• Kristi Peterson says:

      What she (Barbara Doyle) said. And… in agreement with what everyone has written in response. Thank you.

  16. Thank you for naming the person who is perpetuating the evil.

  17. Davi Oerel says:

    Thank you for saying what was in my heart but unable to escape because of my own anger

  18. No doubt about it, John, we are all covered, steeped in the ashes of grief and regret. But look to the horizon. “The sun will rise with healing in its wings” (Malachy). Think of the fresh faces and voices of Parkland, Occupy, Black Lives Matter, #MeToo; all the bright faces of this month’s college grads across the country. (I was at Wesleyan U in CT and those 745 young people gave me great hope). They have passion in their hearts and youth on their side. They will fix some things and mess up others, but change will come, whether we recognize it or live to see it. Jan Richardson, “Circle of Grace”: “I cannot tell you how the light comes, but that it does. That it will. That it works its way into the deepest dark that enfolds you, though it may seem long ages in coming or arrive in a shape you did not foresee.” Be calm. Don’t be still, never be quiet, but take calm and wear it like an old church lady’s Sunday coat. Thank you for all your inspiration over the years!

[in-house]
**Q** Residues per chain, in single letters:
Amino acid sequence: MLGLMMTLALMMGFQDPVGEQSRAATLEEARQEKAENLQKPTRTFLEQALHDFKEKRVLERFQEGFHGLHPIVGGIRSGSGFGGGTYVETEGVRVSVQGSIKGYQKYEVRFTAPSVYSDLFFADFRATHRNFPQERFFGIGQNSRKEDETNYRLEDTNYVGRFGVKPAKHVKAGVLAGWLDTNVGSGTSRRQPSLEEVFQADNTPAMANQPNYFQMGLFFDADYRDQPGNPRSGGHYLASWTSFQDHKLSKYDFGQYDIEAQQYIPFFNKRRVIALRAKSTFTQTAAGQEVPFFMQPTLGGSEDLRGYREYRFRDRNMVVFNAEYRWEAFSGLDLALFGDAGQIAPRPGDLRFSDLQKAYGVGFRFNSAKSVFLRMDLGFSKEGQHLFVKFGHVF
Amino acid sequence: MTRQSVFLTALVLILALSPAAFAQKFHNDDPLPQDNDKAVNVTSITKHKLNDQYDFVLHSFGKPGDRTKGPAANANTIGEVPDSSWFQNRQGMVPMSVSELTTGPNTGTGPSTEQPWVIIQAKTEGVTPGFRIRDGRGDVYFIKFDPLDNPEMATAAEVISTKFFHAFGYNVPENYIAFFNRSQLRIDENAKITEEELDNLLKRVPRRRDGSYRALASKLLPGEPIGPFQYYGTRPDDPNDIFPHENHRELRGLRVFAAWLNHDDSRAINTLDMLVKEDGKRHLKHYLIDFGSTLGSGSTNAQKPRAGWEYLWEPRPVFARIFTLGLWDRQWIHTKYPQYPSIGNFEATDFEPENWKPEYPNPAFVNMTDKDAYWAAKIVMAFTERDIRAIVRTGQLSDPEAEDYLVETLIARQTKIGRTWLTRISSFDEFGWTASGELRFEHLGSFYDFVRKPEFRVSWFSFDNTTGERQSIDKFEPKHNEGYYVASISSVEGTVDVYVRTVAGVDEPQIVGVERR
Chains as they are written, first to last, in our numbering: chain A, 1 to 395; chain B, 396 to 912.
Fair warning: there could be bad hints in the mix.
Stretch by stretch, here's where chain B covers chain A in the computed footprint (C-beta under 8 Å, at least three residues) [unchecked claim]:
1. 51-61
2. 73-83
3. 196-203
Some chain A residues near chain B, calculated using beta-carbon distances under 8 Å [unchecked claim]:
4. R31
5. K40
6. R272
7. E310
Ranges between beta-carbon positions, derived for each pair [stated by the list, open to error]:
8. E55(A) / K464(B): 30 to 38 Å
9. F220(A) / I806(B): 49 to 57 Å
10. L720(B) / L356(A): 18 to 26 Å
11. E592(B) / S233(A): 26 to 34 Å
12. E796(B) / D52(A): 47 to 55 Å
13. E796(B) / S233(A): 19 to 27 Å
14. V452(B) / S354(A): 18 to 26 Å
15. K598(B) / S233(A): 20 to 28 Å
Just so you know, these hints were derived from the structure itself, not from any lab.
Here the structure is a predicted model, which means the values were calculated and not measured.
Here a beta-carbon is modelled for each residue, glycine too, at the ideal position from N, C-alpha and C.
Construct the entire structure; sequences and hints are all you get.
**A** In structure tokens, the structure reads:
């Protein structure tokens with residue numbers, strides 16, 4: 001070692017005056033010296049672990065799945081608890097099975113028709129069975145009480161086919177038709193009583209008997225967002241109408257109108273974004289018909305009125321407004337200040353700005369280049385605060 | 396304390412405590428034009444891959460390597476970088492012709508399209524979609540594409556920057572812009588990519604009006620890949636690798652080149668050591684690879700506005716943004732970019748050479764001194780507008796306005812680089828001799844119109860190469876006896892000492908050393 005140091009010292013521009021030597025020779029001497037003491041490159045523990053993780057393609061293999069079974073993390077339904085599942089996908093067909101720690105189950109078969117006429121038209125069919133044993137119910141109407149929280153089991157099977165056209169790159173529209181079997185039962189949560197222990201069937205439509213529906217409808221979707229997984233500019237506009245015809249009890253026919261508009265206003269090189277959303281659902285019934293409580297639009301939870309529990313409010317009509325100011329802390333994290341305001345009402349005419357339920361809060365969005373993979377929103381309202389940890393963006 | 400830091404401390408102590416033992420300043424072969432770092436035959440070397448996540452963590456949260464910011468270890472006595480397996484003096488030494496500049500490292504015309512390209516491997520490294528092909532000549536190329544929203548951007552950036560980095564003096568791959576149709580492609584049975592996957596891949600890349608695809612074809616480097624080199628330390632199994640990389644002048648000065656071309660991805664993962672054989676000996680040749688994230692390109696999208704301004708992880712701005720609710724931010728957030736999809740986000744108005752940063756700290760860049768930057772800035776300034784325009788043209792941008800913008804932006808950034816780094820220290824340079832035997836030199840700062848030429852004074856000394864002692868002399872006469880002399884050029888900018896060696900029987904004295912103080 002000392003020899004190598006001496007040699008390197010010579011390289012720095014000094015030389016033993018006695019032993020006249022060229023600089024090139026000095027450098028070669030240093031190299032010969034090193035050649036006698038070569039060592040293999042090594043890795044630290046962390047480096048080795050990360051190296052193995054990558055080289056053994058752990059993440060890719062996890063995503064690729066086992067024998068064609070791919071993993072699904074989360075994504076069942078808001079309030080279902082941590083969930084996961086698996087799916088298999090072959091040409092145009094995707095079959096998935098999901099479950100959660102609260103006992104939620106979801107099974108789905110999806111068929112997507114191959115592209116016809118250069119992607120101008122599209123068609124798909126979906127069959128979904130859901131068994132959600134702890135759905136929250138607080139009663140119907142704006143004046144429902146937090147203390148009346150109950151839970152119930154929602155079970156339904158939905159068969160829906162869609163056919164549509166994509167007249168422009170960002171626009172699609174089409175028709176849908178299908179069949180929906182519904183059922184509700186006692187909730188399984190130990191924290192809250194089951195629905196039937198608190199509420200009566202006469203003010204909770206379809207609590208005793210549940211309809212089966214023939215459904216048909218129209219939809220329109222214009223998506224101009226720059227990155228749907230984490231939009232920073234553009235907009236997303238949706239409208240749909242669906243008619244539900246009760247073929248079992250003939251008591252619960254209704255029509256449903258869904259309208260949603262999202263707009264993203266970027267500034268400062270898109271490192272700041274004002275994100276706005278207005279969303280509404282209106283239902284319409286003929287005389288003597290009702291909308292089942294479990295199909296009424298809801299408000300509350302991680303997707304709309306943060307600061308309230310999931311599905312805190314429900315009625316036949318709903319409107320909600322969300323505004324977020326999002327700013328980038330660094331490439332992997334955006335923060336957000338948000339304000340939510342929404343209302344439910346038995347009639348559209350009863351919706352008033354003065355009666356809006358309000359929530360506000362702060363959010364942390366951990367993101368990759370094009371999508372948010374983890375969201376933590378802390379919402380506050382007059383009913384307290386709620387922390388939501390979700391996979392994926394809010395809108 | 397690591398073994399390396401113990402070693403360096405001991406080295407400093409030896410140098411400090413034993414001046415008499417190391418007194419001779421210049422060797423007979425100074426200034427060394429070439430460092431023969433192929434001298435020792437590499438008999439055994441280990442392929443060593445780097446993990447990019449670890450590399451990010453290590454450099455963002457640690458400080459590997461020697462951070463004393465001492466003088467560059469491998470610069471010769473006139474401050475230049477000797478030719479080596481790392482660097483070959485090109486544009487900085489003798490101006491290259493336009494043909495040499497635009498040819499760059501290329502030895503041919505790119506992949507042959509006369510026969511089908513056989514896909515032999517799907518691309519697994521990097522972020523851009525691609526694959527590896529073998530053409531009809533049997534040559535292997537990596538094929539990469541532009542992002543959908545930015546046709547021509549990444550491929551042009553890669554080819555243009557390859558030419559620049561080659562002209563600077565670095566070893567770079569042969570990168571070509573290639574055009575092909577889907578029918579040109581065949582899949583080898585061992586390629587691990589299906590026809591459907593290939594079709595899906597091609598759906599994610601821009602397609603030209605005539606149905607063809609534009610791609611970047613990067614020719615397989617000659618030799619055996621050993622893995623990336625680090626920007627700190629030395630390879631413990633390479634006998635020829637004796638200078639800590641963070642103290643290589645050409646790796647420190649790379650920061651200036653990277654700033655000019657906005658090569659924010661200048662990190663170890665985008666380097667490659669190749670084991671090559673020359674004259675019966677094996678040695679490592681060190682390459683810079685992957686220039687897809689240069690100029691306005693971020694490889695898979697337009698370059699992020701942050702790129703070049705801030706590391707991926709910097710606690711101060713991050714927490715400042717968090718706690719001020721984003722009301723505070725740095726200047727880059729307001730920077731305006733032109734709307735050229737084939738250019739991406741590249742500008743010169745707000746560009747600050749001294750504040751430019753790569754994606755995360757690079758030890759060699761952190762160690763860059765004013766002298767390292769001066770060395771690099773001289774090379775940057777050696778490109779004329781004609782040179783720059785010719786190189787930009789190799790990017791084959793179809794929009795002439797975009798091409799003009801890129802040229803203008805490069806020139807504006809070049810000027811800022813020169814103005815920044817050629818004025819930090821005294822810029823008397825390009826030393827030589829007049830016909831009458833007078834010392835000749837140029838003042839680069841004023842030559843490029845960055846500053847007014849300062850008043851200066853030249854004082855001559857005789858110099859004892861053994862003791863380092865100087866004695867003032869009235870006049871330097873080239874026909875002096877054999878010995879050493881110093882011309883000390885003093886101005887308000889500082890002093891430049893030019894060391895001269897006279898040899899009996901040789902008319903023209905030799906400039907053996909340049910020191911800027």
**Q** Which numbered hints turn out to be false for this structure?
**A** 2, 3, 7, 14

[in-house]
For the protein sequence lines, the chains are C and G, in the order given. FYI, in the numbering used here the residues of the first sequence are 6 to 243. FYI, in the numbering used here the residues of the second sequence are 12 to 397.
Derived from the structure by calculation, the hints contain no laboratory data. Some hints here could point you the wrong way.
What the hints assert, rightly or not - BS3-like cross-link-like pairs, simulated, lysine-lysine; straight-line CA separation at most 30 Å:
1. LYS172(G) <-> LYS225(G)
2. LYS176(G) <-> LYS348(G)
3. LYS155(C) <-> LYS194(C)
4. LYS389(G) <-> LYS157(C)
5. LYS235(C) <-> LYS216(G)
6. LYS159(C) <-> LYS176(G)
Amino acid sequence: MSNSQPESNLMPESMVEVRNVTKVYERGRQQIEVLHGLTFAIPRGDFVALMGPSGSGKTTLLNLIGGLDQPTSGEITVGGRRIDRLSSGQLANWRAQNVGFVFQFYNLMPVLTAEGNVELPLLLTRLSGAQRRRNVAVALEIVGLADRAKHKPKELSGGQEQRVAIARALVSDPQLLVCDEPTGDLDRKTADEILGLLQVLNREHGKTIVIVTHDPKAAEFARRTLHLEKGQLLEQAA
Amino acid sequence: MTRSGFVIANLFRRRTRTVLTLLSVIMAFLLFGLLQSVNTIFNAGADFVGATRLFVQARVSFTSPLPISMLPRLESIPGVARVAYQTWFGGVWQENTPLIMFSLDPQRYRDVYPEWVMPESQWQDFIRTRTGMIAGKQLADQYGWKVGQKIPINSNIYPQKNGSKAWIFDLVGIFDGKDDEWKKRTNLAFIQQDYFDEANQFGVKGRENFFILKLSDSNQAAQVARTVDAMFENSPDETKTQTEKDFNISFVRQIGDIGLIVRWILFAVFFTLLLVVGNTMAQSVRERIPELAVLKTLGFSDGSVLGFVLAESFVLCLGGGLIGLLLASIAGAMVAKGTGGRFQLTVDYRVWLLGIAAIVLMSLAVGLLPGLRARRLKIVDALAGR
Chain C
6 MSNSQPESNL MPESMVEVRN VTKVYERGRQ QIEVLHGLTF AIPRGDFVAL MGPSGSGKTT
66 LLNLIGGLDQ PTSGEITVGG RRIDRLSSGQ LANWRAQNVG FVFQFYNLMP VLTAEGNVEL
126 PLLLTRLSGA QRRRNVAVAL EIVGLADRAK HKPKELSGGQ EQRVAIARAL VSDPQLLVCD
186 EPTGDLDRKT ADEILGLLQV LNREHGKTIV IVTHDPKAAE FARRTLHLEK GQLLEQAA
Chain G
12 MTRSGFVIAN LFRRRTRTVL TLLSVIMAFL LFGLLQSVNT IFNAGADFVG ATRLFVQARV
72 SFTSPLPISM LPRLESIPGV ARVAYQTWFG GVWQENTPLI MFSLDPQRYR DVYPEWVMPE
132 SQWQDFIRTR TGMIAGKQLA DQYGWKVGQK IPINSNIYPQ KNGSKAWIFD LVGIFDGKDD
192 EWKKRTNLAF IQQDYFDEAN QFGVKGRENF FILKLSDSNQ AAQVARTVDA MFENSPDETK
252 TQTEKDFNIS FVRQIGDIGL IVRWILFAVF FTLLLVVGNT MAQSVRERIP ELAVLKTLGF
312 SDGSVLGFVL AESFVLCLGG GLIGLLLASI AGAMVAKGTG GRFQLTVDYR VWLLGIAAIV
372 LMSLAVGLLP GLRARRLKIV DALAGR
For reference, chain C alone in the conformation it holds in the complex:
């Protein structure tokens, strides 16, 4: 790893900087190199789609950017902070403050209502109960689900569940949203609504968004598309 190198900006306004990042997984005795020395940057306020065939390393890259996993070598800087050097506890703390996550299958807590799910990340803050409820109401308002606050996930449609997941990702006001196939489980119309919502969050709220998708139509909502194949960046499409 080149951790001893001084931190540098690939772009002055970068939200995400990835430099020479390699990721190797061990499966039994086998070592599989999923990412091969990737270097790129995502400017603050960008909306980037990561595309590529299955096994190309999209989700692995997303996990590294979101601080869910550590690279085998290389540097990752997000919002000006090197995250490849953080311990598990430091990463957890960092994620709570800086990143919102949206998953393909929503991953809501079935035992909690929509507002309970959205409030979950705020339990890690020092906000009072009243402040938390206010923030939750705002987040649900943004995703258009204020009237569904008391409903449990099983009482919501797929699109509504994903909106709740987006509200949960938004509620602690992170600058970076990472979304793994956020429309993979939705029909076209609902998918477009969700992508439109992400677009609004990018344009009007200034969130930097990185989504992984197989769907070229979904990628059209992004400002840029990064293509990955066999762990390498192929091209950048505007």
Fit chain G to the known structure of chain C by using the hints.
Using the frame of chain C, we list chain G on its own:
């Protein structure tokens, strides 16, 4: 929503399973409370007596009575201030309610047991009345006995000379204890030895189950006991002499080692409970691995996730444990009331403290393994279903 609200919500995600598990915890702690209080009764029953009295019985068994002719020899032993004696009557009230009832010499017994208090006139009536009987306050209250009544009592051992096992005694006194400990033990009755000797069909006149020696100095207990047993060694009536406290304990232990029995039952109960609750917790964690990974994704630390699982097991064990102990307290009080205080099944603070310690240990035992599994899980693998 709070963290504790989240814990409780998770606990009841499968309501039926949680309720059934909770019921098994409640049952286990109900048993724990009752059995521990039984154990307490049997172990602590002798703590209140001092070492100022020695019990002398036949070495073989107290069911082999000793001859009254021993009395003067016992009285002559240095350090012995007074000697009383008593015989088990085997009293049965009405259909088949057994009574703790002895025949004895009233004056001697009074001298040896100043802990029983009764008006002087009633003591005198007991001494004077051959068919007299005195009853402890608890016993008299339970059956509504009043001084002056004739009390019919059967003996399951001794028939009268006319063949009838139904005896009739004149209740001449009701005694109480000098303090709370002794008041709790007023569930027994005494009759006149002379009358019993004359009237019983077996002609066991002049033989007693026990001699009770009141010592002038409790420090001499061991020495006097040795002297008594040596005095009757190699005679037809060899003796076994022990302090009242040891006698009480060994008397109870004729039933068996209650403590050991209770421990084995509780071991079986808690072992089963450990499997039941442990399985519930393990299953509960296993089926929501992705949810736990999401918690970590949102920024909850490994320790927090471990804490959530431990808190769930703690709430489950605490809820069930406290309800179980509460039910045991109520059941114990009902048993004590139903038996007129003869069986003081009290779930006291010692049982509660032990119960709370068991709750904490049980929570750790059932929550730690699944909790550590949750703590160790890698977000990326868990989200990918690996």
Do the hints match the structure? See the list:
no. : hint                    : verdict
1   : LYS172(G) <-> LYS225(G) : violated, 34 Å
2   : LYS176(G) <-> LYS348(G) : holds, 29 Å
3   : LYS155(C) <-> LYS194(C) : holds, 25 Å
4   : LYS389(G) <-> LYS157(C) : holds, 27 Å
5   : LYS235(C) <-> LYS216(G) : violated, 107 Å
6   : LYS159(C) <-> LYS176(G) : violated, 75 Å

19. THANK YOU for so eloquently encapsulating our collective grief and shame. I find it increasingly challenging to contain my rage these days.

  20. Tony Volpe says:

    John,, I believe that more and more people share your disgust and discomfort about the way the president is so recklessly and thoughtlessly behaving. He clearly exhibits many faults of emotion, pride, ignorance and intolerance. I am puzzled why so many people is the Republican party are remaining so silent, or is it cowardice and selfish hope to be reelected?